The lyrics are sung by an older sister describing her coming-of-age brother, but they could have described me. I grew up in Wisconsin. I love the state. Nevertheless, within a month or two of graduating from the University of Wisconsin in 1974, I had in hand a plane ticket for a flight across the Pacific Ocean to Melbourne, Australia, about as far away from home as it's possible to go without leaving the planet. It's a big world out there and I wanted to experience some of it. My stay in Australia lasted two years.I always knew that you would
take yourself far from home
as soon as, as far as, you could go.
Source: Natalie Merchant, "Gun Shy".
After the jump, my slow way home.
This article is the first chapter of a memoir, not about my time in Australia, but about my journey home. When I finally, reluctantly, decided to leave Australia, I decided to take the slow way home. I flew to Singapore and began a long journey to London. My travel was almost entirely by land, mostly by bus, country after country, border crossing after border crossing, one new and strange sight after another. It's over 9,000 miles as the crow flies from Singapore to London. Subtracting a flight to leapfrog Burma (whose land borders were closed), that's more than 7,500 miles on the ground across southern Asia and Europe. Whew! By the time I flew across the Atlantic Ocean from London back home to Wisconsin, four months later, I had completed a circumnavigation of the globe. Counting the two year layover in Australia, the entire trip took about 800 days. Around the world in 800 days. Double whew!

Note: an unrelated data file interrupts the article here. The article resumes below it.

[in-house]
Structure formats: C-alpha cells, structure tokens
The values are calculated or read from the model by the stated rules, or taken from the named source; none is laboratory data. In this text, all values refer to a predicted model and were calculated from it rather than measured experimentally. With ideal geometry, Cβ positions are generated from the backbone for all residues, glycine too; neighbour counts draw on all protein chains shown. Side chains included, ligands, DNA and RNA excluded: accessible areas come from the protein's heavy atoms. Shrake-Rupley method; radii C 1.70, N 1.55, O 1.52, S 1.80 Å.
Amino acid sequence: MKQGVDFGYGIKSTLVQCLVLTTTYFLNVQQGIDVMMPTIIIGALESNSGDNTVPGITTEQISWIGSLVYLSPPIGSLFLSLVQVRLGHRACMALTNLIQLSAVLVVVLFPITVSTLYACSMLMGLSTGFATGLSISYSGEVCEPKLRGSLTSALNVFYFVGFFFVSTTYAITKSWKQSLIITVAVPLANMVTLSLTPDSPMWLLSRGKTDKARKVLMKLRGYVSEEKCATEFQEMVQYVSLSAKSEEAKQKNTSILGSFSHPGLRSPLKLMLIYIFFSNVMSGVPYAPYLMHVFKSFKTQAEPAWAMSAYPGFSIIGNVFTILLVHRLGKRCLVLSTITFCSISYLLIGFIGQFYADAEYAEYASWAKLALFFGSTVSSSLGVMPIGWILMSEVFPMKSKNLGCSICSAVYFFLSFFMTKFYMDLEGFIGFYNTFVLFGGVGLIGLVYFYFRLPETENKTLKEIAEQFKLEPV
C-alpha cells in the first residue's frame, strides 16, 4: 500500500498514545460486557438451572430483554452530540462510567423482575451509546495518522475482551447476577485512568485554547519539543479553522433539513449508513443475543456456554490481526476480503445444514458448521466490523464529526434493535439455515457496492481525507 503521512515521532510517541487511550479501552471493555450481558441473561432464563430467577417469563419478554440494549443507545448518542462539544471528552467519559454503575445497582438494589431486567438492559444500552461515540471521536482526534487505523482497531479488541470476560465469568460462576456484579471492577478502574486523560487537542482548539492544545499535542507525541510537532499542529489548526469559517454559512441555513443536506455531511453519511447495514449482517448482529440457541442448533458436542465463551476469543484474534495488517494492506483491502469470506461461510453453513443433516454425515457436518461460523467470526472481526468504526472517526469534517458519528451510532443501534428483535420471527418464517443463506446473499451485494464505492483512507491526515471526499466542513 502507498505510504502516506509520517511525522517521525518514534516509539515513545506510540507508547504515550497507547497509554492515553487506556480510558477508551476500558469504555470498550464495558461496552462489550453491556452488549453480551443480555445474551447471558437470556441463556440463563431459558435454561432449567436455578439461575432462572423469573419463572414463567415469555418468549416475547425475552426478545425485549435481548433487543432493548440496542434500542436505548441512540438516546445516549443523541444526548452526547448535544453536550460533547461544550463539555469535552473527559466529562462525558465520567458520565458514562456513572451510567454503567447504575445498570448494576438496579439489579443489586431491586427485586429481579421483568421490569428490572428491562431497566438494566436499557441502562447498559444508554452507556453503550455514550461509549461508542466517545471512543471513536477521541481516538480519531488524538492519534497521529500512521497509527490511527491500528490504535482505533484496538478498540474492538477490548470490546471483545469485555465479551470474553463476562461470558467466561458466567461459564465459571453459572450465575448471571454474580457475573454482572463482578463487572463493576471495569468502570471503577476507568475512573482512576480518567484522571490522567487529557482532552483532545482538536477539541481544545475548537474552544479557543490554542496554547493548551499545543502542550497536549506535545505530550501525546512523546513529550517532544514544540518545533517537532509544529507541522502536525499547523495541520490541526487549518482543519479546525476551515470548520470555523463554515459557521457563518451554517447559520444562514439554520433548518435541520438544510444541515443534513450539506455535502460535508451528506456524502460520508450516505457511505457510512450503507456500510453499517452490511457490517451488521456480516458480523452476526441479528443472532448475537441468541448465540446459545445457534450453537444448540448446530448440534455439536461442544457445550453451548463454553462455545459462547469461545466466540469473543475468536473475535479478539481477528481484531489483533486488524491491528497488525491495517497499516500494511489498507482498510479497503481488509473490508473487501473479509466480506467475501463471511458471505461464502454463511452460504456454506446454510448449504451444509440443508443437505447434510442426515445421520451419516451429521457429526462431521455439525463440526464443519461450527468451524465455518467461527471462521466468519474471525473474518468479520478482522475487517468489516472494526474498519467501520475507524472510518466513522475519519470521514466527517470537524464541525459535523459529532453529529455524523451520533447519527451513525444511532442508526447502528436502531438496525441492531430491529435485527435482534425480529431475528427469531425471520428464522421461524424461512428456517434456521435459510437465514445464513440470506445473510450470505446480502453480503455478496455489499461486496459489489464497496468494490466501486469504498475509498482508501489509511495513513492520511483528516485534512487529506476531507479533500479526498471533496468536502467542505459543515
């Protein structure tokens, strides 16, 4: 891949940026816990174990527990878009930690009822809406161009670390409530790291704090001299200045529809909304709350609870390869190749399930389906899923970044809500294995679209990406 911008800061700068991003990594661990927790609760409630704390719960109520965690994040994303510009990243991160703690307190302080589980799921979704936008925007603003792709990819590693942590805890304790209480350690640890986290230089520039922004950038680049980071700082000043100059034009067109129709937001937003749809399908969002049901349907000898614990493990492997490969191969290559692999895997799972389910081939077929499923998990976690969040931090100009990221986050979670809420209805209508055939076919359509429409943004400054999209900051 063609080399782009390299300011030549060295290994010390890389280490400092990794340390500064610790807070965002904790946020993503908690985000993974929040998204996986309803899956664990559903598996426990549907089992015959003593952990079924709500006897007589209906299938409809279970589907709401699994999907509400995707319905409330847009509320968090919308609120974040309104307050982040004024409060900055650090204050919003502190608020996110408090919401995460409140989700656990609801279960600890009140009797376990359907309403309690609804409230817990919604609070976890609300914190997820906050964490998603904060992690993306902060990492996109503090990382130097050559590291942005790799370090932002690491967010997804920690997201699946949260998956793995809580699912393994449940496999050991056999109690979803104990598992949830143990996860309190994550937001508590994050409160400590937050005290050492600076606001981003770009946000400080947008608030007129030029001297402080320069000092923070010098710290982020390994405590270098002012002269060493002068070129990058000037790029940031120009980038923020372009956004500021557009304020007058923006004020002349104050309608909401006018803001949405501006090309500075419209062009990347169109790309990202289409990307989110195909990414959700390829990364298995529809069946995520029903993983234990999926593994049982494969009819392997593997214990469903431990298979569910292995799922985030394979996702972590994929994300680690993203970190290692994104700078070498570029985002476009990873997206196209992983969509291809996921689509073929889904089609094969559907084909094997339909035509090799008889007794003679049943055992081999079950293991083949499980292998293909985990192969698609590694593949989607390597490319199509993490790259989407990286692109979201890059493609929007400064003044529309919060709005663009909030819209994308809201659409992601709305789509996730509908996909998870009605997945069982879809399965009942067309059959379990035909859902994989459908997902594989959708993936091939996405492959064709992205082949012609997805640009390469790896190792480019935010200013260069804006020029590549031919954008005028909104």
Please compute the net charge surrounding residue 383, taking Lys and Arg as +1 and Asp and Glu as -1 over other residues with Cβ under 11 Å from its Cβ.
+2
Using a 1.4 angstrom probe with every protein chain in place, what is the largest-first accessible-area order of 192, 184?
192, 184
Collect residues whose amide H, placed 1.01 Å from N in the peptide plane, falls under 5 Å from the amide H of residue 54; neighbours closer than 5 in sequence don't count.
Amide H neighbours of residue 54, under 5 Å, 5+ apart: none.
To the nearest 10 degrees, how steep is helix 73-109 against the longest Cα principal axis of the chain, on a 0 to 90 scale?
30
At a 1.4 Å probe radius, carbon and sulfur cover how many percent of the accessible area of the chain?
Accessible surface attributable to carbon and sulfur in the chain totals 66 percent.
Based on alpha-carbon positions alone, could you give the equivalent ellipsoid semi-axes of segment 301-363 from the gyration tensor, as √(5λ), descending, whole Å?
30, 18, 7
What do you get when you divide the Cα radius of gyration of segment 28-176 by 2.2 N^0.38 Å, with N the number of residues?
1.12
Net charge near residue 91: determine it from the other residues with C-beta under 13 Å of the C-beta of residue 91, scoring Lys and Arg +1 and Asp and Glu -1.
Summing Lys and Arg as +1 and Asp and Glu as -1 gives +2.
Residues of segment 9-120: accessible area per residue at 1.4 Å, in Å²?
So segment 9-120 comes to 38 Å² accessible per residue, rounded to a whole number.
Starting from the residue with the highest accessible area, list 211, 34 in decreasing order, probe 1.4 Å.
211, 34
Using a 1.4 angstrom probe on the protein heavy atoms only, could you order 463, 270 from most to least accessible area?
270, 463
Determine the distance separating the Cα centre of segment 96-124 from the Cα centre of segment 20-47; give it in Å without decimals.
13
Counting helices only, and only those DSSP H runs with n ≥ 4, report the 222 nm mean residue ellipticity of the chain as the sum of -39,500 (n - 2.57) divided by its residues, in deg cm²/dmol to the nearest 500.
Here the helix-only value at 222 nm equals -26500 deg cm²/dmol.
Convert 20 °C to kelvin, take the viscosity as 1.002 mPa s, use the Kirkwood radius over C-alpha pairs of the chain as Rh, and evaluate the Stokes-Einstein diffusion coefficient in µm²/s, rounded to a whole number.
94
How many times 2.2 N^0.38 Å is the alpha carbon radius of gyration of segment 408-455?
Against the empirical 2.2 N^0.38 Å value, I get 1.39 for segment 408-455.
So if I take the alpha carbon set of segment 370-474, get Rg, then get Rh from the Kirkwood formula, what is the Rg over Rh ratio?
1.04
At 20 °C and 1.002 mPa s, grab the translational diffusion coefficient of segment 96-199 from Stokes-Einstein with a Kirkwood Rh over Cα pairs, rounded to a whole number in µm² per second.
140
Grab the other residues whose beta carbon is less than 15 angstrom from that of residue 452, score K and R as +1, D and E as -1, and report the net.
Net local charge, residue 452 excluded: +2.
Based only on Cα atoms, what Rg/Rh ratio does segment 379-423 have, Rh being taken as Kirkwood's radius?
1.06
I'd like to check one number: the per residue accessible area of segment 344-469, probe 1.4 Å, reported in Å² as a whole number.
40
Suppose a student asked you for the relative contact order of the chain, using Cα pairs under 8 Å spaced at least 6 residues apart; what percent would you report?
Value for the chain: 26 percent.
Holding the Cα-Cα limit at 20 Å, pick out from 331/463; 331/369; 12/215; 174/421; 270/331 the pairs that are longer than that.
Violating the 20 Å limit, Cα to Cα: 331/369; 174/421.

My guidebooks were two: "Southeast Asia on a Shoestring" and "Across Asia on the Cheap," both Lonely Planet books from another era, and it showed. In one, hippie backpackers are advised to wear a short-hair wig when going through Singapore customs. A modern reviewer of one of the books says "there's one place they write about that I'd really like to see. And that's 1973." I can't take you all the way back to 1973, but I can get you close. I can show you what Asia looked like in 1977. My emphasis in this memoir will be on the photographs I took, not narrative.
Next: Leaving Australia Behind